Monday, September 22, 2014

Thursday, September 04, 2014

The curious problem of Apex login page session expiration

Always check out the original article at http://www.oraclequirks.com for latest comments, fixes and updates.

Did you ever notice that if you open an Apex page requiring authentication but you don't log in during a long time, it may happen that when you finally try, you are bounced back?

That happens because even the Apex login page obeys the session expiration rules defined either at the application level or, in lack thereof, at the instance level.

For example, if the default session duration is 3600 seconds and you don't log in within 3600 seconds, Apex won't accept your credentials and it will reload the login page instead.
But that is not the end of the story: since the session lifetime starts as soon as you load the login page, if the total lifetime is 3600 seconds and you log in after 3500 seconds, there will be only 100 seconds left before Apex kicks you out of the application.

You can easily see this behavior in action if you set a rather short session life time, say 60 seconds, in a test application (don't do this in a production application please).
For your convenience I created a simple demo application on apex.oracle.com

Now, you can work around the problem by setting the session duration to the maximum of 12 hours (43200 secs) in case you don't mind about it or there are no special security requirements. Setting the session duration to a value higher than 12 hours is worthless because there is scheduled job that deletes sessions older than 12 hours anyway.

Or perhaps it could make sense to use this trick: put the (in)famous meta "refresh" HTML tag in the login page header with a reasonable refresh time, so we can ensure that the user is presented always with a fresh login page.

Now, the question is: how much is a reasonable value?
I think it depends on the session lifetime you define.  For short session durations, it must be a small number, for long session durations it can be much larger, for the reason explained above, users surely don't like to be thrown out of the application after a very short time.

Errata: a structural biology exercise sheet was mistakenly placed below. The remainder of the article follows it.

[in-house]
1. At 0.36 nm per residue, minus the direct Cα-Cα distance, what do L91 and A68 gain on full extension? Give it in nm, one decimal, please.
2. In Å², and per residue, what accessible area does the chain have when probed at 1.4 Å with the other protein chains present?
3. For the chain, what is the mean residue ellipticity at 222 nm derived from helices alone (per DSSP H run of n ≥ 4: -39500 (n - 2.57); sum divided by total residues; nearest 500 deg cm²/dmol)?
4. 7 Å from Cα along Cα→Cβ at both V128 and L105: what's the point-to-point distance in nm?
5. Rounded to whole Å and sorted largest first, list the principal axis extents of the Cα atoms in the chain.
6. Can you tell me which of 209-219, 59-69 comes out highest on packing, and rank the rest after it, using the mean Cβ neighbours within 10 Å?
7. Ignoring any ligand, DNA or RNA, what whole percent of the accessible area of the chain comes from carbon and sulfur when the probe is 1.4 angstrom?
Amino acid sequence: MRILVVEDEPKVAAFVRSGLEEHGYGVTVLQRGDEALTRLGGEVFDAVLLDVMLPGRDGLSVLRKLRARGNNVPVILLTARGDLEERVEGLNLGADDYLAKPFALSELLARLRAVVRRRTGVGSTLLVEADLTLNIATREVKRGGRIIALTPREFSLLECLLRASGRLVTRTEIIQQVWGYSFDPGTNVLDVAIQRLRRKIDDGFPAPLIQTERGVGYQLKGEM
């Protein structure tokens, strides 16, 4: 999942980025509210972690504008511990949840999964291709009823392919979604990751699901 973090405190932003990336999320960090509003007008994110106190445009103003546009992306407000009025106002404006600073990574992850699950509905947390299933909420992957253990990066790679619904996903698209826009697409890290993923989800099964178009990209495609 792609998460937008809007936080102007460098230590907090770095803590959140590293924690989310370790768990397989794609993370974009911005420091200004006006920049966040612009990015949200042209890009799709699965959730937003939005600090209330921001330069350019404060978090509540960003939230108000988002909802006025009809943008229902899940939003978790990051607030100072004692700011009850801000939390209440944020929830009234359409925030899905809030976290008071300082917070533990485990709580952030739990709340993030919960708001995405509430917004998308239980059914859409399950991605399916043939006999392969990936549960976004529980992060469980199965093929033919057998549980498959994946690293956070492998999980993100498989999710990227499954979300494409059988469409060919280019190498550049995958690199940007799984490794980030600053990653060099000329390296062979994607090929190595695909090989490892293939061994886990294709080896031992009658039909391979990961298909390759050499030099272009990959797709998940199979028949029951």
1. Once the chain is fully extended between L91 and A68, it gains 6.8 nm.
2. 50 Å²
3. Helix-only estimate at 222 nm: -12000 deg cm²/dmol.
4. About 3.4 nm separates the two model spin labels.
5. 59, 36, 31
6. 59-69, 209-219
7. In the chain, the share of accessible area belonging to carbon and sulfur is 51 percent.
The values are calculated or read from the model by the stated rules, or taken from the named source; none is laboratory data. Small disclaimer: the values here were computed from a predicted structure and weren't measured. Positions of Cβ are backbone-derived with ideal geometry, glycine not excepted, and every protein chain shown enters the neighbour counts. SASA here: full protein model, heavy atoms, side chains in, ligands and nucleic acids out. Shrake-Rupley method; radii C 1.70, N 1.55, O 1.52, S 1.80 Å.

For instance, if the total session duration is defined to be 2 hours and you reload the login page every 10 minutes, the user in the worst case will still have 1 hour and 50 minutes available that is roughly 90% of the maximum time. On the contrary, if you refresh every hour, in the worst case there will be just 50% of the time left.

<meta http-equiv="refresh" content="600;&LOGOUT_URL.">

Again, you can see a second demo app showing how it works. I set the refresh to 20 seconds, in this case.

In case you don't like to hard-code a fixed value, it's possible to retrieve the maximum_session_life_seconds from Apex's dictionary view APEX_APPLICATIONS (Apex 4.0 or better only) and store it in an application item that you can put inside the page header in its substitution string form:

<meta http-equiv="refresh" content="&LOGIN_REFRESH.;&LOGOUT_URL.">

Application item LOGIN_REFRESH can be calculated in a before header computation that runs only in your login page and you can adjust the value depending on some algorithm, for instance 10% of the session lifetime.

It is worth noting that besides the numerical value I also added LOGOUT_URL substitution variable, because after some tests I realized that this is the only way to avoid reloading the page with the same session number.